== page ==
[ilds] ILDS Digest, Vol 1, Issue 86_Expats and colonialism

Sumantra Nag sumantranag at gmail.com
Fri Apr 27 10:56:49 PDT 2007


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Message: 7
Date: Fri, 27 Apr 2007 08:48:51 -0400
From: "Anna Lillios" <lillios at mail.ucf.edu>
Subject: Re: [ilds] Fw: ILDS Digest, Vol 1, Issue 84_Mirrors_Message:

Durrell and his British expats used to hang out at the Cecil Hotel in
Alexandria.  Its lobby was filled with mirrors.


                                     --Anna

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Thank you Anna. This is informative as far as the subject of mirrors in
Alexandria is concerned and also suggests much about the British
expatriates.

But it incidentally leads to a serious question which arises in relation to
Justine and the AQ, i.e., to what extent is the AQ mainly about British and
European expats?

I believe the AQ has been referred to as "post-colonial" literature - or
should it be "colonial" literature? I remember reading that Lawrence Durrell
referred to himself once as a "literary blimp", suggesting, it seems, that
he looked upon himself as a colonial in attitude. In fact, if one were to
look at the subject matter of the AQ, a lot of it deals with womanising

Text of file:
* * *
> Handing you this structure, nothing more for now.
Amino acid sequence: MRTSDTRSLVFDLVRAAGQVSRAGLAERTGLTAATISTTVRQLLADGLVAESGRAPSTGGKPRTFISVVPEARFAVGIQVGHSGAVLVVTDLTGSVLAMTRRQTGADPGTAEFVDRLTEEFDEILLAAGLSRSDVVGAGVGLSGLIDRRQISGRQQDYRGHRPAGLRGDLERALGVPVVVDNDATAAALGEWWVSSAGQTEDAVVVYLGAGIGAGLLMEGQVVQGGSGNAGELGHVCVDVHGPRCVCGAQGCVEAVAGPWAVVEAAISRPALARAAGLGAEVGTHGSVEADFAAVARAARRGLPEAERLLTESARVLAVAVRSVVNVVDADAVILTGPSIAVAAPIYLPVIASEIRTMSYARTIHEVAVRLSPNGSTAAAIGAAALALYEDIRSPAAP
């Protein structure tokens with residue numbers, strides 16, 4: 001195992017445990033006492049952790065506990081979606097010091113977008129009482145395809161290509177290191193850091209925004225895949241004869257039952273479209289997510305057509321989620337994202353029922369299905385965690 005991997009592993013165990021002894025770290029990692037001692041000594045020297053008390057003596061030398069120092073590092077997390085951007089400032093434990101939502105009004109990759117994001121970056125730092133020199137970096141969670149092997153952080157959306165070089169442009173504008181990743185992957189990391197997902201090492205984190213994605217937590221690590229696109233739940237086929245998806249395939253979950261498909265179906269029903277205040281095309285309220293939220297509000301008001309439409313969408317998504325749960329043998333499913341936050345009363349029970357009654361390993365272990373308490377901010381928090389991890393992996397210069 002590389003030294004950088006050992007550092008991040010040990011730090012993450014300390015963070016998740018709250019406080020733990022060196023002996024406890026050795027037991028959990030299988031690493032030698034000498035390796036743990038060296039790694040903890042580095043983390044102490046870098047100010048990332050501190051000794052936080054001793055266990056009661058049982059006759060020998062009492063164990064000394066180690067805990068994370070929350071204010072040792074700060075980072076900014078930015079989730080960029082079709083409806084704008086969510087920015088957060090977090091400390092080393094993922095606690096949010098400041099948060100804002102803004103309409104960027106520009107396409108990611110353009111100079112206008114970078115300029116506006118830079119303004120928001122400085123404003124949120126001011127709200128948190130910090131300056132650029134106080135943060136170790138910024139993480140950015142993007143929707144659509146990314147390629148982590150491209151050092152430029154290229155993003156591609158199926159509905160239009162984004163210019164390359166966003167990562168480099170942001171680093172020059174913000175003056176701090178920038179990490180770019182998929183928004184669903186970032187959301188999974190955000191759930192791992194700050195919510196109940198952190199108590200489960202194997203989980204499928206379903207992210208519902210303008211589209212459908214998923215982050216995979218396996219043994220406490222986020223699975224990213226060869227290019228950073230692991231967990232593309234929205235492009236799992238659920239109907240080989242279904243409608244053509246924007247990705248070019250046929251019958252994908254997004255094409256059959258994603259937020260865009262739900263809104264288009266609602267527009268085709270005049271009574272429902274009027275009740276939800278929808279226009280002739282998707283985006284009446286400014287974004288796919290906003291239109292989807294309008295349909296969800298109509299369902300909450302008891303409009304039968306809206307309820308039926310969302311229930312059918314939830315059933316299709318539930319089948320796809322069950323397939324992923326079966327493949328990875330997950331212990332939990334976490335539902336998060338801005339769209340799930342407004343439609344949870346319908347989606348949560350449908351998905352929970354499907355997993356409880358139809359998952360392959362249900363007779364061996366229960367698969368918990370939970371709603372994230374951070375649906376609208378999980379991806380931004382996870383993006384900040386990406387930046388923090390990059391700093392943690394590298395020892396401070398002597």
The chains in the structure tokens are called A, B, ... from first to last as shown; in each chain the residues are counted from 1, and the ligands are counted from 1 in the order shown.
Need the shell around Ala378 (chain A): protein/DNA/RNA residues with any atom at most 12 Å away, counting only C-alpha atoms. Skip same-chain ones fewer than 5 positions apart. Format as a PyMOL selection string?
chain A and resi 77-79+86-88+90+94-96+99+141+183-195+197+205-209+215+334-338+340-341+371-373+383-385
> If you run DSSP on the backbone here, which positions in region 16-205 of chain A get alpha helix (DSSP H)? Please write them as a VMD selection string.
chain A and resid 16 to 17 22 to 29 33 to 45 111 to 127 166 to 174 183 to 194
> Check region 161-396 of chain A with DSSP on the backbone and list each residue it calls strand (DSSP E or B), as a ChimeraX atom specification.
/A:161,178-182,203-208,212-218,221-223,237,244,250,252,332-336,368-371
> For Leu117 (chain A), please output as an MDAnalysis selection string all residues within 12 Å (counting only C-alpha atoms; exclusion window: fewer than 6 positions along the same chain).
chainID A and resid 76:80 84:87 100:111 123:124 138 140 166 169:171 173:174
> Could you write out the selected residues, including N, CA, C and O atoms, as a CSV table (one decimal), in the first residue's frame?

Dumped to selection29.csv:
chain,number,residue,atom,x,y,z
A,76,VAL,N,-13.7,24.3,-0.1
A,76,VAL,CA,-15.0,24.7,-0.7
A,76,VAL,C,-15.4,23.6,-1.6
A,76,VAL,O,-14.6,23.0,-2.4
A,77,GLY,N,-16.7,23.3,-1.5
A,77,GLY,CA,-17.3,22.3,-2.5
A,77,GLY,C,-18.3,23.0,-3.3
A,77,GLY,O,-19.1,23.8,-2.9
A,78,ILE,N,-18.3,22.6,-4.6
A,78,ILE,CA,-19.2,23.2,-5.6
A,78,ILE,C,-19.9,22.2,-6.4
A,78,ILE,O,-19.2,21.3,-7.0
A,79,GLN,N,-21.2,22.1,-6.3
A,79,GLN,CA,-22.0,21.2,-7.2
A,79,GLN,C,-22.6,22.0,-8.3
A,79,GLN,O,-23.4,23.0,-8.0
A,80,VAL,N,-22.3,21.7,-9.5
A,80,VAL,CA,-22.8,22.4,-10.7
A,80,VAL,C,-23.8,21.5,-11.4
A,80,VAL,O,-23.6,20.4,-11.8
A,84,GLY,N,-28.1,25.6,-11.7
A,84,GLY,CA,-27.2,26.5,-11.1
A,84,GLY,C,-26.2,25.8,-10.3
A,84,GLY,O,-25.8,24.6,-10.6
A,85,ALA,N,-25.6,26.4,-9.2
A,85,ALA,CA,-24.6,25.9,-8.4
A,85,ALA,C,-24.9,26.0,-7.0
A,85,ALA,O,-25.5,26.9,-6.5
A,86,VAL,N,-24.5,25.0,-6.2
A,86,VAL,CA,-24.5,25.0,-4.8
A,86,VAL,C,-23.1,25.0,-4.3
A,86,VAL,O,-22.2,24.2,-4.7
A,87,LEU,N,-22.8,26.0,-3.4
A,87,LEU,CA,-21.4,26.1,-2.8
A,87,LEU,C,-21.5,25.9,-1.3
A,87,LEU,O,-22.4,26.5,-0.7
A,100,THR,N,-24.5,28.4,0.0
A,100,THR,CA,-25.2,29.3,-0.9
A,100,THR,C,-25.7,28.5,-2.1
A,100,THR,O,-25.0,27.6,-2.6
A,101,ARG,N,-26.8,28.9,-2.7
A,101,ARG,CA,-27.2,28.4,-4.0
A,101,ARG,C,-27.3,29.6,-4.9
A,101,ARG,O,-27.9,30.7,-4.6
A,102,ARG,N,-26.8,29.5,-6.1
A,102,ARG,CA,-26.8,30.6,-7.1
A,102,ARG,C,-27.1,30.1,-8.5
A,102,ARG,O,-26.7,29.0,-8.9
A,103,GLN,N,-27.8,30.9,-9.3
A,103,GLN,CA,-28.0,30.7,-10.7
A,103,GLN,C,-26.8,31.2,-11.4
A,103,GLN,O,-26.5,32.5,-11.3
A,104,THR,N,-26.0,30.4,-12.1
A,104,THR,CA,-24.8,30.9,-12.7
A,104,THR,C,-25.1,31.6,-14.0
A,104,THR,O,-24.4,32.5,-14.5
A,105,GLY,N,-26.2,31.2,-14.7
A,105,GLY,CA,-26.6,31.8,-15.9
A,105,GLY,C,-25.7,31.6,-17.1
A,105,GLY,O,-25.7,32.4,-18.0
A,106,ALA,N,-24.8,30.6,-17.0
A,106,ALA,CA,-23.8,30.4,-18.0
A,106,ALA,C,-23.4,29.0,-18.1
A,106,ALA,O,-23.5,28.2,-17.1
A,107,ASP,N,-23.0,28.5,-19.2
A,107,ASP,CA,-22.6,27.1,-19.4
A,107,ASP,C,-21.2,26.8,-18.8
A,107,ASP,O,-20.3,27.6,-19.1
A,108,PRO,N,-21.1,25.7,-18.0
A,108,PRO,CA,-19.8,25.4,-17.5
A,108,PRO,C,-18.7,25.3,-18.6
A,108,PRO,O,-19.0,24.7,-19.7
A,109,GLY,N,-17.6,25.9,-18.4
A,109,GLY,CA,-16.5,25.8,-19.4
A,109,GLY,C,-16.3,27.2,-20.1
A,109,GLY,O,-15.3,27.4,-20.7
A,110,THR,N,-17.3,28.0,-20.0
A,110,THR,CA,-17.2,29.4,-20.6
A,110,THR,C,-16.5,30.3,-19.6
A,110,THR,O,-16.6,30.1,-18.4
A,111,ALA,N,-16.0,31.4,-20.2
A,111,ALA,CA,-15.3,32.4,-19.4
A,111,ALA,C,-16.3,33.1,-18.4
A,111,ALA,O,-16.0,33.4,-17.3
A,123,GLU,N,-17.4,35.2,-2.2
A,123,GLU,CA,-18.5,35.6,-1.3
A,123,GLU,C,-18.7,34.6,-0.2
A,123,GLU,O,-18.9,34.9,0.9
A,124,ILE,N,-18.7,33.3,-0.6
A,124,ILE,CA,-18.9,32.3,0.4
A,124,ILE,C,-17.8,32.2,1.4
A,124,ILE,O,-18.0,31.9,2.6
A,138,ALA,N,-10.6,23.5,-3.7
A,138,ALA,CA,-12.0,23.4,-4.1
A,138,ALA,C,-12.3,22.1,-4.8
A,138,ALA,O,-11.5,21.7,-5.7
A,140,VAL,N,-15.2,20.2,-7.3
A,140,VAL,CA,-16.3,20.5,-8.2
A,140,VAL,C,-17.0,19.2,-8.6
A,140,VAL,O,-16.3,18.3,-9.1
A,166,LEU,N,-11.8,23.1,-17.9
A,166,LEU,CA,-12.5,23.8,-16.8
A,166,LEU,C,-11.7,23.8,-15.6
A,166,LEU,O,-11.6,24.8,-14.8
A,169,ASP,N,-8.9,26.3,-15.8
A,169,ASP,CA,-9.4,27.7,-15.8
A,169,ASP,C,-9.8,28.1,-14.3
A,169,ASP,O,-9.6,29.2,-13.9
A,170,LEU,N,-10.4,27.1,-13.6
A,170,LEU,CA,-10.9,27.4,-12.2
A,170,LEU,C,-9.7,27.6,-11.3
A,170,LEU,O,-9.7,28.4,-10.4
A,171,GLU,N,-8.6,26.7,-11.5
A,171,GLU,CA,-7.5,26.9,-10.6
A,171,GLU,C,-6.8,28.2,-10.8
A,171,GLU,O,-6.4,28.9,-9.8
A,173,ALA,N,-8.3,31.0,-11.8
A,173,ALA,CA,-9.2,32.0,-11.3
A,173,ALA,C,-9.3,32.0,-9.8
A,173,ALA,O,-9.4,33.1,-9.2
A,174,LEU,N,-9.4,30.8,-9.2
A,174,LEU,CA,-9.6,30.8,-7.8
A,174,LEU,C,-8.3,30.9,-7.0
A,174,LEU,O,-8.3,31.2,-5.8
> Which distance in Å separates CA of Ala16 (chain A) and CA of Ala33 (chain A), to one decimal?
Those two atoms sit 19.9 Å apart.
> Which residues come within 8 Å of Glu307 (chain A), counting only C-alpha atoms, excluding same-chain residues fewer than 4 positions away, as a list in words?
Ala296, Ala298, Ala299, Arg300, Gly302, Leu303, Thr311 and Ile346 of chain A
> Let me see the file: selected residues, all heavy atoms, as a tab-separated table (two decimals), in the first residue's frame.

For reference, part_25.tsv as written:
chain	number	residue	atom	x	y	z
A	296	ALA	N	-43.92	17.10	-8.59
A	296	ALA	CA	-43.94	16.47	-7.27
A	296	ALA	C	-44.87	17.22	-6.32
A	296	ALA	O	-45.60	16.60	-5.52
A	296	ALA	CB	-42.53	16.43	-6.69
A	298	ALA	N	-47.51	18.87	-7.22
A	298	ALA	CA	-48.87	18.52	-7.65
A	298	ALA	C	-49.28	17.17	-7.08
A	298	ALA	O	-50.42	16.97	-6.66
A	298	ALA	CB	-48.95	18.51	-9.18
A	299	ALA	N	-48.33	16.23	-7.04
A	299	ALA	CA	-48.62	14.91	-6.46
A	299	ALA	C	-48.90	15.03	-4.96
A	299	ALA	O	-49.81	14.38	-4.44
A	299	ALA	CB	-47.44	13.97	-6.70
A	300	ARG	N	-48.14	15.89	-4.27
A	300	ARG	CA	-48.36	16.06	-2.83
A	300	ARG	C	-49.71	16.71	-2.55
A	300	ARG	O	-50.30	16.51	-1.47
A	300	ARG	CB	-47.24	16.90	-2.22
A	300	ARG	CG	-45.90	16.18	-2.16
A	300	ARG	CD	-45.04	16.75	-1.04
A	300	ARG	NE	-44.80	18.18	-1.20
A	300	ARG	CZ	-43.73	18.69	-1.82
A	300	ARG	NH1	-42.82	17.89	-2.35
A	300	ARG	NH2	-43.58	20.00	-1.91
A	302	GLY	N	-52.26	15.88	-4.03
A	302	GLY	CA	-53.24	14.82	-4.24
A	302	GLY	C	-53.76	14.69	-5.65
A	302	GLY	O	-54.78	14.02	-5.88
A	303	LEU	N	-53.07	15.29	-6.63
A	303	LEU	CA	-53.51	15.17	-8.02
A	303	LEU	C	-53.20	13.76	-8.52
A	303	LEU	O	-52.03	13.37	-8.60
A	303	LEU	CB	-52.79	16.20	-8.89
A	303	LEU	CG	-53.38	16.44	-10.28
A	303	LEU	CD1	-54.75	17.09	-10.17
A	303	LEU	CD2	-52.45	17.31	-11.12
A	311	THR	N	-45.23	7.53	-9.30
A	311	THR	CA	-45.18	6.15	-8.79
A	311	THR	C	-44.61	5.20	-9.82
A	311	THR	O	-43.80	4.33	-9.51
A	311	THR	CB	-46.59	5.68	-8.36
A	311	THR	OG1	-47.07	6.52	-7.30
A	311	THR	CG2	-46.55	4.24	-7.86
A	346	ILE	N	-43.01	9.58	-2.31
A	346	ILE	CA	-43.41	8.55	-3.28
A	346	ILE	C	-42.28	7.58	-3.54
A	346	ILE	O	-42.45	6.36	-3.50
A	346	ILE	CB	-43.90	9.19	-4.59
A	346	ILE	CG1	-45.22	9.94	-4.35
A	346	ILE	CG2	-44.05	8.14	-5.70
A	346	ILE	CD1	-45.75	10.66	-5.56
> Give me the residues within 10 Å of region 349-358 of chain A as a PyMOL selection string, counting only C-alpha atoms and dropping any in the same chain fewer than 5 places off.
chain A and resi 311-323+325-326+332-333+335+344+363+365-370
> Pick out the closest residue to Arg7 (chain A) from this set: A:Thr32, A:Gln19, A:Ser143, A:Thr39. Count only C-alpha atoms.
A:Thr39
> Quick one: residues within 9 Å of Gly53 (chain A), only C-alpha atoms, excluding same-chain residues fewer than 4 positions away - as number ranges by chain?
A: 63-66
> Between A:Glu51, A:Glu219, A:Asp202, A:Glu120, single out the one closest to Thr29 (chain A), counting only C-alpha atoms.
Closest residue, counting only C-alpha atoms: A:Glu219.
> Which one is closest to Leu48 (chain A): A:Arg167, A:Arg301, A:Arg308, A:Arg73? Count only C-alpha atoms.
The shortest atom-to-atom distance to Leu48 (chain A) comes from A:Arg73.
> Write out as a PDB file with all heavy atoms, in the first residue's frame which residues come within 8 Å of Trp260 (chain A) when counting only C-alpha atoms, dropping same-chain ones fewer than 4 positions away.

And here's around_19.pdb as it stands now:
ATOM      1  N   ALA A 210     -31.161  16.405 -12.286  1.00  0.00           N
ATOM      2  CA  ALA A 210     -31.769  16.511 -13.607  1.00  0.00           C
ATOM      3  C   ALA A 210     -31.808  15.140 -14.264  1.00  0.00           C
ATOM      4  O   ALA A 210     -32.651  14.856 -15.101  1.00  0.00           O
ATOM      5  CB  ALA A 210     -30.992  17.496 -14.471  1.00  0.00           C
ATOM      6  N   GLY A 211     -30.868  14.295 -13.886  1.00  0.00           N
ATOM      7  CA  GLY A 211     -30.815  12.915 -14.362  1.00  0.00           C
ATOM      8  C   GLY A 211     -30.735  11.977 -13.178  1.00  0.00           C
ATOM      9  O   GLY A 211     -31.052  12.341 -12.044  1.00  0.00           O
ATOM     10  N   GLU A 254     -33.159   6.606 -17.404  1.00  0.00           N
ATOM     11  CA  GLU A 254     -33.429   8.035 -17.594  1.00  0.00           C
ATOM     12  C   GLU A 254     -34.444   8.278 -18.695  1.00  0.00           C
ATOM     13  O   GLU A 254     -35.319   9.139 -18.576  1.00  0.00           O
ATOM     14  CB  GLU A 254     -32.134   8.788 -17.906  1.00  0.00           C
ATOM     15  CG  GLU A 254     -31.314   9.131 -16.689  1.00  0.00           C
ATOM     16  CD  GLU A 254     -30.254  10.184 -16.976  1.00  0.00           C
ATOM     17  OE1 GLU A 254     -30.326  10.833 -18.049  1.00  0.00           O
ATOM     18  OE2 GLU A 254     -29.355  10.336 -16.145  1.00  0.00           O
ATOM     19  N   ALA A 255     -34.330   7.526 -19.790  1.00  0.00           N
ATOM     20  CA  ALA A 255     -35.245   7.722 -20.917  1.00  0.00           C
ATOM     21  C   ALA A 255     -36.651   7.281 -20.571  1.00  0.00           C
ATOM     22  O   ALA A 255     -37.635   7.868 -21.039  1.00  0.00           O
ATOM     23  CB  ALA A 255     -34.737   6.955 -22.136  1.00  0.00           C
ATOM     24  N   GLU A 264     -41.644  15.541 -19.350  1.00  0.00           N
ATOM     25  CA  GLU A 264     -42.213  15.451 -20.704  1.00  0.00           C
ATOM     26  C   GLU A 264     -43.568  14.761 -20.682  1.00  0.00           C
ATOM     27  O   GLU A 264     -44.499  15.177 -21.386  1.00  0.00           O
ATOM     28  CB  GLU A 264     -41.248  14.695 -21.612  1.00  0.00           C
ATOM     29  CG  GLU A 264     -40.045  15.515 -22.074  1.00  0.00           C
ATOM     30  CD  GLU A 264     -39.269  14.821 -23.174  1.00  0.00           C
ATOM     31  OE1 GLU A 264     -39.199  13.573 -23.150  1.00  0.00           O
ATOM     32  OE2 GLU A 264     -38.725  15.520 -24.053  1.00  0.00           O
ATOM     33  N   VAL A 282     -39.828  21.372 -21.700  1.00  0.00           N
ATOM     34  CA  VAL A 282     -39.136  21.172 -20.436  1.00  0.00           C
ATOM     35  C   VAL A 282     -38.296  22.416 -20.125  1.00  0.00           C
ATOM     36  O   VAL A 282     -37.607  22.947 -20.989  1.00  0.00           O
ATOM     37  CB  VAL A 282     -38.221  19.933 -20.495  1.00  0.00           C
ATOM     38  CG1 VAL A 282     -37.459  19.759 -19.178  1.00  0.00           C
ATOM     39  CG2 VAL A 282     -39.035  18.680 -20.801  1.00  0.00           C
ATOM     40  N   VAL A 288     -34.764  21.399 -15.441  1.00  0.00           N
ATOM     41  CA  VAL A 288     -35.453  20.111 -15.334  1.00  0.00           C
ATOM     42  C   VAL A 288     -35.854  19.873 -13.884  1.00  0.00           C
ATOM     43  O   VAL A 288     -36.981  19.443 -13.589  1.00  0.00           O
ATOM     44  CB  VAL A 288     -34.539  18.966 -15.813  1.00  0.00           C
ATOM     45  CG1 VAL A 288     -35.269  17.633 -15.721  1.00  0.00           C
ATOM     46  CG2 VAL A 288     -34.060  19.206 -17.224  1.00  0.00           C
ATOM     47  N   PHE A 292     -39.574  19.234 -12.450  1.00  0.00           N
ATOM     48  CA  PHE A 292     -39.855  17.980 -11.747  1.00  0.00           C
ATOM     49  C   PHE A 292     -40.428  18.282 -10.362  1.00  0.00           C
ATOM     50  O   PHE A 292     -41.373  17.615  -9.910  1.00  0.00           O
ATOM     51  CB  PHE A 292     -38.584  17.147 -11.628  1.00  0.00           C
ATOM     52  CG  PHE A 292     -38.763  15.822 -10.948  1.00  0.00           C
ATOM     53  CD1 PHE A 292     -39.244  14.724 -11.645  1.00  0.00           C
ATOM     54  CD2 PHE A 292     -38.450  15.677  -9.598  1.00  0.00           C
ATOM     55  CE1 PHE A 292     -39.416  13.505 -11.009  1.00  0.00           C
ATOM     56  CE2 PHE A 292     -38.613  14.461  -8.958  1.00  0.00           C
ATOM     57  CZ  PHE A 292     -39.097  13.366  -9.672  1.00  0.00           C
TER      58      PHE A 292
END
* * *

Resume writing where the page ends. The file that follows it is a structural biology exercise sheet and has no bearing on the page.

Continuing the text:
expatriate Englishmen (Darley, Pursewarden) or Frenchmen (Pombal for one)
whose presence in Alexandria was transitory.

I think Edward Said referred to the subject matter of the AQ as "trivial"
and one can see why! Is Darley's relationship with Melissa anything more
than "...what we wanted of each other..." [Justine (1.4)]? And what was
that? It is not clear, but can a complex relationship be contained in such a
phrase? At first reading, there is an innocence and an element of poetry in
the lines of this section - but how does it appear on reflection about the
social situation - an Englishman having a fling with a deprived Greek woman?
And the Englishman (however indigent) is a member of the ruling colonial
power in Alexandria.

And what do you make of the following passage [Justine (1.12)]:

"Some of these encounters with poor exhausted creatures driven to extremity
by want are interesting, even touching,..."

"...encounters...are interesting.."???!!! It is as if Durrell had
unthinkingly let slip a crass and cynical comment, but it is a comment which
is revealing, and what it reveals is not very nice!

Sumantra Nag



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